Rope – Crew Spotlight – Director Emily Dix

It’s that time again! Time for our Cast and Crew spotlights for Rope. First up, Bygone Artistic Director/Producer and director of the show, Emily Dix.

1.What first attracted you to Rope?

I’ve been a Hitchcock fan since I was a kid. Growing up I had some darker interests and was always drawn to mystery and horror; my parents, worried I’d see too much gore too young, steered me towards the classics. As an adult I studied film at UofT, and the more that I watched Rope the more I was drawn to the story. One day, while watching the film with my co-founder Matt McGrath, I noticed a note in the opening credits; based on the play by Patrick Hamilton. I was thrilled. We looked up the play, found that, despite some differences, it was still amazing, and it’s been on my radar and to-do list since then. That was back in 2011.

2. What challenges have you faced working on a site-specific play that runs in real time?

A lot of the same issues that I had when we did Doubt back in January 2013; plays are written (generally) to be on a stage and to have SFX like lighting and sound. I wasn’t too concerned with this initially because I thought, well, real-time should look like real-life, what’s the issue? But being in a museum we do have a lot of limitations and things to consider. Also, ending a play that has a dramatic finish when you can’t simply “go to black” is a challenge. But we manage alright.

3. What have you done to prepare for your role?

As Artistic Director/Producer, preparing for my role basically means preparing the entire show. Over a year ago I started some basic design ideas and looked for venues. Once we had a venue and dates set, I finalized costume designs and started working on raising funds and casting the show. Now I’ve got rehearsals where I do all the basic directing stuff, I spend evenings doing admin things like balancing budgets and filling out the ticket selling paperwork, and then of course there is the marketing. A lot of time is spent on the computer. I spend hours daily updating social media, writing to the cast, contacting other companies to cross-promote, completing props lists, updating online event listings; no one task is particularly difficult but there is a LOT to do.

4. What has been your favourite part of the rehearsal process so far?

I love my cast. I say this every time, but it really is true. I think the best thing that I ever do for one of my shows is cast a group of amazing people; I’ve done it before and it’s happened again. Everyone is so unbelievably talented and they’re a really fun group. Despite working on a heavy play with some dark and very serious concepts, rehearsals are always fun and everyone is getting along. I always look forward to going to them and I never want them to end. It’s a great group.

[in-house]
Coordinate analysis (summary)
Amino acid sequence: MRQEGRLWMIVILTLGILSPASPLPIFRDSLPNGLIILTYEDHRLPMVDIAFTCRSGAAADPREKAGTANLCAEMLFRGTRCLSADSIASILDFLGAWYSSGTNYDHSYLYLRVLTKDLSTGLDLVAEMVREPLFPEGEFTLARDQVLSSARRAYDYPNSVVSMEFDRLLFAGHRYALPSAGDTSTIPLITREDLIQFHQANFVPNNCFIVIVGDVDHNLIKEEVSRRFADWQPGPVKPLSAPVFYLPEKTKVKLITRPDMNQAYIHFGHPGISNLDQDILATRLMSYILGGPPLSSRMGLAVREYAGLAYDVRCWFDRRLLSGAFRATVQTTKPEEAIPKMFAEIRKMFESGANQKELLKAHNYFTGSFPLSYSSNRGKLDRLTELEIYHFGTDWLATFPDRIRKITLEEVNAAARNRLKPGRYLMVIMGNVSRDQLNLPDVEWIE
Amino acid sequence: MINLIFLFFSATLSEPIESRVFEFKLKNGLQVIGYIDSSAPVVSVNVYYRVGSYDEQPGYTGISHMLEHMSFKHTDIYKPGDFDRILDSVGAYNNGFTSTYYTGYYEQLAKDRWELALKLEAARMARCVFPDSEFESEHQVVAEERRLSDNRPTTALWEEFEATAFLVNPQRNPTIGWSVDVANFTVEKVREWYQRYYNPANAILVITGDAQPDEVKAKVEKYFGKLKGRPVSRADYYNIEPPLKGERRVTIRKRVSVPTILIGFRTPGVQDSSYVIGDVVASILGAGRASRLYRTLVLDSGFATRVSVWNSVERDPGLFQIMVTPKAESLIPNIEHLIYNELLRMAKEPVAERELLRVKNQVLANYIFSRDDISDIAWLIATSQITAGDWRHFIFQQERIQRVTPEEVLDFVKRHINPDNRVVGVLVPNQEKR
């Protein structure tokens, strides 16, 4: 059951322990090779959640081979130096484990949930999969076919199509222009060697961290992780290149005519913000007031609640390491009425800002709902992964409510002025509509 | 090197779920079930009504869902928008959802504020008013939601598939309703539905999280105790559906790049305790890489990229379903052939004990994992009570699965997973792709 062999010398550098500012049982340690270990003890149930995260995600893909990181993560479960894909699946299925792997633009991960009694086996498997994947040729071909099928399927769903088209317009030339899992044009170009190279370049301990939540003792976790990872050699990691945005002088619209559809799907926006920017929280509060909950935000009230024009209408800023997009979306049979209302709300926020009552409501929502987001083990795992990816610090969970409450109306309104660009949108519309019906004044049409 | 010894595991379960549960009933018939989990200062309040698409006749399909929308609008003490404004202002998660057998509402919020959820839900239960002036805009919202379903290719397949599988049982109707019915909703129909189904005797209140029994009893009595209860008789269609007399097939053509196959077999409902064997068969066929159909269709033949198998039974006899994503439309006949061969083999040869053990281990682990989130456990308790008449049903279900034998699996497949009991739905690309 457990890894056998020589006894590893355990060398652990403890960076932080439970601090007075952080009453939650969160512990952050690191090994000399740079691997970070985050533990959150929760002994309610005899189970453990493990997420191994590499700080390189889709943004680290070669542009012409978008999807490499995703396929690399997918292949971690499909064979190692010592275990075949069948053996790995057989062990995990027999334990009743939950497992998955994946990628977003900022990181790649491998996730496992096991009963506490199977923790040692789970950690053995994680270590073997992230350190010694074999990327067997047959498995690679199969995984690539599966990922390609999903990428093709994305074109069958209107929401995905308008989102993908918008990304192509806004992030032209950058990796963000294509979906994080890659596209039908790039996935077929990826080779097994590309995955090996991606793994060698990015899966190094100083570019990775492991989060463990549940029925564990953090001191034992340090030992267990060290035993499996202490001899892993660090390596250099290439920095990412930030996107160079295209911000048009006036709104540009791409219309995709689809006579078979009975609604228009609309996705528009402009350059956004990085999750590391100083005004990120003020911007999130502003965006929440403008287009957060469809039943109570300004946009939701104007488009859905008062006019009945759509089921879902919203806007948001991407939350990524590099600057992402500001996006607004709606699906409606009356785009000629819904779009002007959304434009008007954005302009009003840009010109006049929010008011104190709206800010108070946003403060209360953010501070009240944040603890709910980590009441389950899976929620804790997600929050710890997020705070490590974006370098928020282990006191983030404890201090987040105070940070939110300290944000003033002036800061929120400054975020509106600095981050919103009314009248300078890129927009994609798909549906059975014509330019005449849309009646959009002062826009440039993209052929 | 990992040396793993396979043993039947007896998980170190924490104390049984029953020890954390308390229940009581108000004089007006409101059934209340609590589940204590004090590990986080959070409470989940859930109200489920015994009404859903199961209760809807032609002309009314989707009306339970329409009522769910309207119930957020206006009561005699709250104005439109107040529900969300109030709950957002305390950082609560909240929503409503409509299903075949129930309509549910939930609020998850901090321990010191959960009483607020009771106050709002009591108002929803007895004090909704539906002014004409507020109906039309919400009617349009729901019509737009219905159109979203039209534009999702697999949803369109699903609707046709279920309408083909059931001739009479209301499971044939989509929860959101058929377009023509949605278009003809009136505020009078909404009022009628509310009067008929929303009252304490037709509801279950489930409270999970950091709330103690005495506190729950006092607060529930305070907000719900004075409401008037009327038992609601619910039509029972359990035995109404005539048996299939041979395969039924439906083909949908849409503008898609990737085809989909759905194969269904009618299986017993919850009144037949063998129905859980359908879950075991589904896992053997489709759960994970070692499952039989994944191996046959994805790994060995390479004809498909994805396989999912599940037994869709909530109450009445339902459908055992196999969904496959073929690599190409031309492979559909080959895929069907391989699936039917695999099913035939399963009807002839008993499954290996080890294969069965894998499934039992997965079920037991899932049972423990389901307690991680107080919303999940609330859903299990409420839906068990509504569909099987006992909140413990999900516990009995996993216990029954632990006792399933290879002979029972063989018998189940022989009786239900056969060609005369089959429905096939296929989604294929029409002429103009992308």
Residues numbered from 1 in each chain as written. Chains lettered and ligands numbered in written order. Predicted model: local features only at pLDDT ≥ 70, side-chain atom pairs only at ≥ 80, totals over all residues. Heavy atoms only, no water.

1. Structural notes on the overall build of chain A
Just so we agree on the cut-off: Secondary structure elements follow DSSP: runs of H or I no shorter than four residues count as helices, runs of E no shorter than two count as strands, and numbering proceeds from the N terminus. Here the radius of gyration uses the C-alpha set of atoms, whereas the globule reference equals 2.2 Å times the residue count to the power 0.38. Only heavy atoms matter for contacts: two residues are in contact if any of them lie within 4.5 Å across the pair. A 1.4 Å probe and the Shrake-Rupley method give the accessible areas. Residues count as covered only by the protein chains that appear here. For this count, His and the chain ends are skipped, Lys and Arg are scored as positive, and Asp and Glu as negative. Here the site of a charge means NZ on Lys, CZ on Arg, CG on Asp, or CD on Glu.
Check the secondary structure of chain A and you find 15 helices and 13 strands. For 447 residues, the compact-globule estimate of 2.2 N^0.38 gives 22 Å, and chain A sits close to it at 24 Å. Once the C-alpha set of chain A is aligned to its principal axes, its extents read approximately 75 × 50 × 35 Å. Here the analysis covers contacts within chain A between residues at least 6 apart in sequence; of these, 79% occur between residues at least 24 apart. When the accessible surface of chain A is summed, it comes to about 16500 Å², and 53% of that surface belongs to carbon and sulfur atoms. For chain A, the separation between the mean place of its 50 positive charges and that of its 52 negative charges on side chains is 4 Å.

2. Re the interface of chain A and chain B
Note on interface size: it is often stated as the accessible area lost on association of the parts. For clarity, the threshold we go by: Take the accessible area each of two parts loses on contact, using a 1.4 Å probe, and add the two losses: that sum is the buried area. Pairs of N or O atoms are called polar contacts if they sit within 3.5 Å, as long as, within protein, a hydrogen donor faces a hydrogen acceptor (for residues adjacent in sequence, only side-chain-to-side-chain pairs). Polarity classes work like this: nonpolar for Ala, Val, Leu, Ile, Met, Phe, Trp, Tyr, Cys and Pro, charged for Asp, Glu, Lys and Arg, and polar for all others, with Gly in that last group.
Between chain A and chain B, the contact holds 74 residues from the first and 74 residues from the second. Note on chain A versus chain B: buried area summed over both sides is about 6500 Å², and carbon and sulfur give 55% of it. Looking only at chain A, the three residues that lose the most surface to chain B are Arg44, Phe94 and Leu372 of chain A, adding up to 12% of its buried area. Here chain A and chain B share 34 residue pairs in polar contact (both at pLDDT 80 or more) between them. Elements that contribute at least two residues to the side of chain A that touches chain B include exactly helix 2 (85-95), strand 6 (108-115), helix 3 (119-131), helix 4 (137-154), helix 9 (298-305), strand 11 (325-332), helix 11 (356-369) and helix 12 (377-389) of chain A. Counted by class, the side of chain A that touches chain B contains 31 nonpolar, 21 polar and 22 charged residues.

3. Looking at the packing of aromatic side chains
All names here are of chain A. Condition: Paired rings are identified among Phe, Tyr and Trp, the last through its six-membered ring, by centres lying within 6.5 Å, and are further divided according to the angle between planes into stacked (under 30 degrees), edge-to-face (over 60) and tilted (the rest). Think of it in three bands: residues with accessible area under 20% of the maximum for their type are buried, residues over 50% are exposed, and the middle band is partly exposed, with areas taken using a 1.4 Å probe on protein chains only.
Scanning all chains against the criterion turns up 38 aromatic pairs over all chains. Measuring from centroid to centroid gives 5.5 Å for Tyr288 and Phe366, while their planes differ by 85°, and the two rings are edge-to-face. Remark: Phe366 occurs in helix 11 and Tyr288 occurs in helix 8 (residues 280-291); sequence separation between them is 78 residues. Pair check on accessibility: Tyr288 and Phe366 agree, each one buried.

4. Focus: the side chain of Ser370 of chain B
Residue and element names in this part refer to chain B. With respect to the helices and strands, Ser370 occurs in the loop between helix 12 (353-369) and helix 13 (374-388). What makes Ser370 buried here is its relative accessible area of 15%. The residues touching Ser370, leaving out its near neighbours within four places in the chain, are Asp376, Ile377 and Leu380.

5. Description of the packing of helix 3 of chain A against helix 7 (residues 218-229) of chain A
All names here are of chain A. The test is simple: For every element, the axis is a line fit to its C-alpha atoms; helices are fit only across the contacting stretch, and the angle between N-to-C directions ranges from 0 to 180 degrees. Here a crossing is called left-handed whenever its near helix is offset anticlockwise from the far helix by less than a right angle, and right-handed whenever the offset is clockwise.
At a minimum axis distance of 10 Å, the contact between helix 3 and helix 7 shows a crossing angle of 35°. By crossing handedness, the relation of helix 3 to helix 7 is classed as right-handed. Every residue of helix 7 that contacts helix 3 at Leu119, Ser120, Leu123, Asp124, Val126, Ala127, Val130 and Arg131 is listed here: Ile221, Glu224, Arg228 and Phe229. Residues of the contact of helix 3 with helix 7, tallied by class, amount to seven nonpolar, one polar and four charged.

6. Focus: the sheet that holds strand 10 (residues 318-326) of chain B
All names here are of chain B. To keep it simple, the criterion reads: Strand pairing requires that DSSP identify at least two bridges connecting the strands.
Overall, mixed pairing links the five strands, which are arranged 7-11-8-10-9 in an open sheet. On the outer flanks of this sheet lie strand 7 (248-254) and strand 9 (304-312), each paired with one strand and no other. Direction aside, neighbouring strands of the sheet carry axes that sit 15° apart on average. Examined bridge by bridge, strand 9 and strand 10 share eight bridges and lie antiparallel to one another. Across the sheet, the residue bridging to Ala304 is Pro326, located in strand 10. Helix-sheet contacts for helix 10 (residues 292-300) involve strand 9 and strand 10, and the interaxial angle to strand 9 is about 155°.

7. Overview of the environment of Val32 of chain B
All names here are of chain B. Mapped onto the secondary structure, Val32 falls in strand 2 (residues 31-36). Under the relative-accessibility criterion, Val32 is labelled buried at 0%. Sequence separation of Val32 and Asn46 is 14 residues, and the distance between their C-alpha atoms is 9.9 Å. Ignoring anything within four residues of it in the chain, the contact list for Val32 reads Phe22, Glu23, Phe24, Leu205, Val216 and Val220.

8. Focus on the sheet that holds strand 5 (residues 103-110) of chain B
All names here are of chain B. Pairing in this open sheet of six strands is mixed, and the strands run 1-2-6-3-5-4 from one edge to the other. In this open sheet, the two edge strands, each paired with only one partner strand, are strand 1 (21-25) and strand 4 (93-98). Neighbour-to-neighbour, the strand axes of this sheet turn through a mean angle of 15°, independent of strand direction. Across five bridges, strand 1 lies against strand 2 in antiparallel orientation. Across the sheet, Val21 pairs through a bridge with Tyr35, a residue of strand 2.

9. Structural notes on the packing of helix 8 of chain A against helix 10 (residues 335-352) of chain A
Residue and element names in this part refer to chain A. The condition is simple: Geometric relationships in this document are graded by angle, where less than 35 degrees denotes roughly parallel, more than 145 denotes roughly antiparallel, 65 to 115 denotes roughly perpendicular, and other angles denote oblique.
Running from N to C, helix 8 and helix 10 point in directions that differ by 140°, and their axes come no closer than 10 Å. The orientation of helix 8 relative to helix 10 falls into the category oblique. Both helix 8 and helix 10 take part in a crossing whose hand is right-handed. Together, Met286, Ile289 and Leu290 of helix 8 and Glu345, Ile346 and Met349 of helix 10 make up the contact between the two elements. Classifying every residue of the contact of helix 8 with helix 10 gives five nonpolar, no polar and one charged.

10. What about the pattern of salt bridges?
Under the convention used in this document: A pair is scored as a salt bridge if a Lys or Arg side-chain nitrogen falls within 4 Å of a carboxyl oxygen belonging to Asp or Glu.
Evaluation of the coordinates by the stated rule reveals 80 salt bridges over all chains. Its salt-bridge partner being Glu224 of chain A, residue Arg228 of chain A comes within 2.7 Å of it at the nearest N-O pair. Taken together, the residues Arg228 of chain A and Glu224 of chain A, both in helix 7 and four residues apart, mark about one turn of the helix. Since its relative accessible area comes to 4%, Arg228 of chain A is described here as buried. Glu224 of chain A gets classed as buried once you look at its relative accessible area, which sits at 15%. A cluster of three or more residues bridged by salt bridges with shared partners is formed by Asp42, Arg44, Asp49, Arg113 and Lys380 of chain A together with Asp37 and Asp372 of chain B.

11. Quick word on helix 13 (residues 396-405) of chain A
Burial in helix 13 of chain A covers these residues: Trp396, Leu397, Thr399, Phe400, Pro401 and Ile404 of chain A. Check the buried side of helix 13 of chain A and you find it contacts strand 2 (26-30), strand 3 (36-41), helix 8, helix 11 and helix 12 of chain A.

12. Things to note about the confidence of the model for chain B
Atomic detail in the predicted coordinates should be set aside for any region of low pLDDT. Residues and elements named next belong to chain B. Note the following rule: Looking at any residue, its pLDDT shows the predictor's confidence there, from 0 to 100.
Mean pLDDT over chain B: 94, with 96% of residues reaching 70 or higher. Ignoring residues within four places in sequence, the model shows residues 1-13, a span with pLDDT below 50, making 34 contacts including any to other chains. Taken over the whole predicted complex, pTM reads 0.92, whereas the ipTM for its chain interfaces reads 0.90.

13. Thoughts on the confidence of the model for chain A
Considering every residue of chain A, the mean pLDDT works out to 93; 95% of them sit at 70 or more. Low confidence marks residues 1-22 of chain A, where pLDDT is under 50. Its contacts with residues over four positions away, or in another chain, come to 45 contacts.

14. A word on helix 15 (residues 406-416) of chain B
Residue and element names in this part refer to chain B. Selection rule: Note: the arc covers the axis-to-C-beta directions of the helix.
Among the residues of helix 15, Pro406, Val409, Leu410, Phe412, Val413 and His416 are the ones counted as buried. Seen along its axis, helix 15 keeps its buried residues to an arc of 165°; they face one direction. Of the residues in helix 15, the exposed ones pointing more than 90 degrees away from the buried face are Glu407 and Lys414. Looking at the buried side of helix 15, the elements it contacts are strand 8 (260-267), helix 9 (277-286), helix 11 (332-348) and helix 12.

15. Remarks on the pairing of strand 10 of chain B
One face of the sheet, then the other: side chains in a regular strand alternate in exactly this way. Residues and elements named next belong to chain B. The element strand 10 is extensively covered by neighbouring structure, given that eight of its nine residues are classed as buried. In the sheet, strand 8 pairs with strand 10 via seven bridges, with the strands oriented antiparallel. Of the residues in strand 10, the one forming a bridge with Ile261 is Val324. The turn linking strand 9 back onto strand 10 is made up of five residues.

5. Why should everyone come and see Rope?

Aside from all the usual things – amazing cast, beautiful costumes, and a phenomenal script – you should come and see Rope because it really is different from anything else you’re going to see in the city. The venue is unique and perfectly suited to the show. The play is not one that is done very often, so chances are no one else has seen it performed live (plus, we’ve made some changes as it is now public domain). Rope is unique because it addresses issues of morality, murder and equality without forcing them down your throat; it’s never preachy, it doesn’t talk at you about these things, it simply lets the audience in on a dialogue about it. Sitting right there amidst the party guests the audience is invited to join the conversation and make up their own minds, question themselves on what they would do if they were in that position. I think it’s a neat concept.

Rope run November 21-29th, 2014 at the Gibson House Museum. Tickets are $20 and can be purchased through TO Tix. Seating is extremely limited, to ordering in advance is encouraged. For more show information check us out on facebook or twitter, or see our website.

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Author: BygoneTheatre

Bygone Theatre was founded as a collective in October of 2012, and became an incorporated not-for-profit company in October of 2015. Our mandate is to produce theatre written or set in the early 20th century, focusing on historical aspects in design and incorporating a classic cinema aesthetic. ​ In 2019 Bygone Theatre was nominated for 14 Broadway World Toronto Awards, including Best Community Theatre and Best Play (Equity). We took home a total of 5 awards, 4 of which were for The Rear Window, including Best Direction of a Play (Equity); Best Original Lighting Design; Best Leading Actor (Play, Equity); and Best Featured Actress (Play, Equity). We took a hiatus our 2020/21 season because of the COVID19 pandemic, and used that time to develop our charitable initiatives. In August of 2021 we were nominated for the Toronto Star Readers' Choice Award for Best Live Theatre. Part of our mission involves inclusion and accessibility, and we strive to allow artists of all backgrounds and levels of experience the chance to have hands-on experience in whatever capacity they are most interested in; this has included youth outreach programs for high school students interested in production design, and acting opportunities for those who have never performed onstage.

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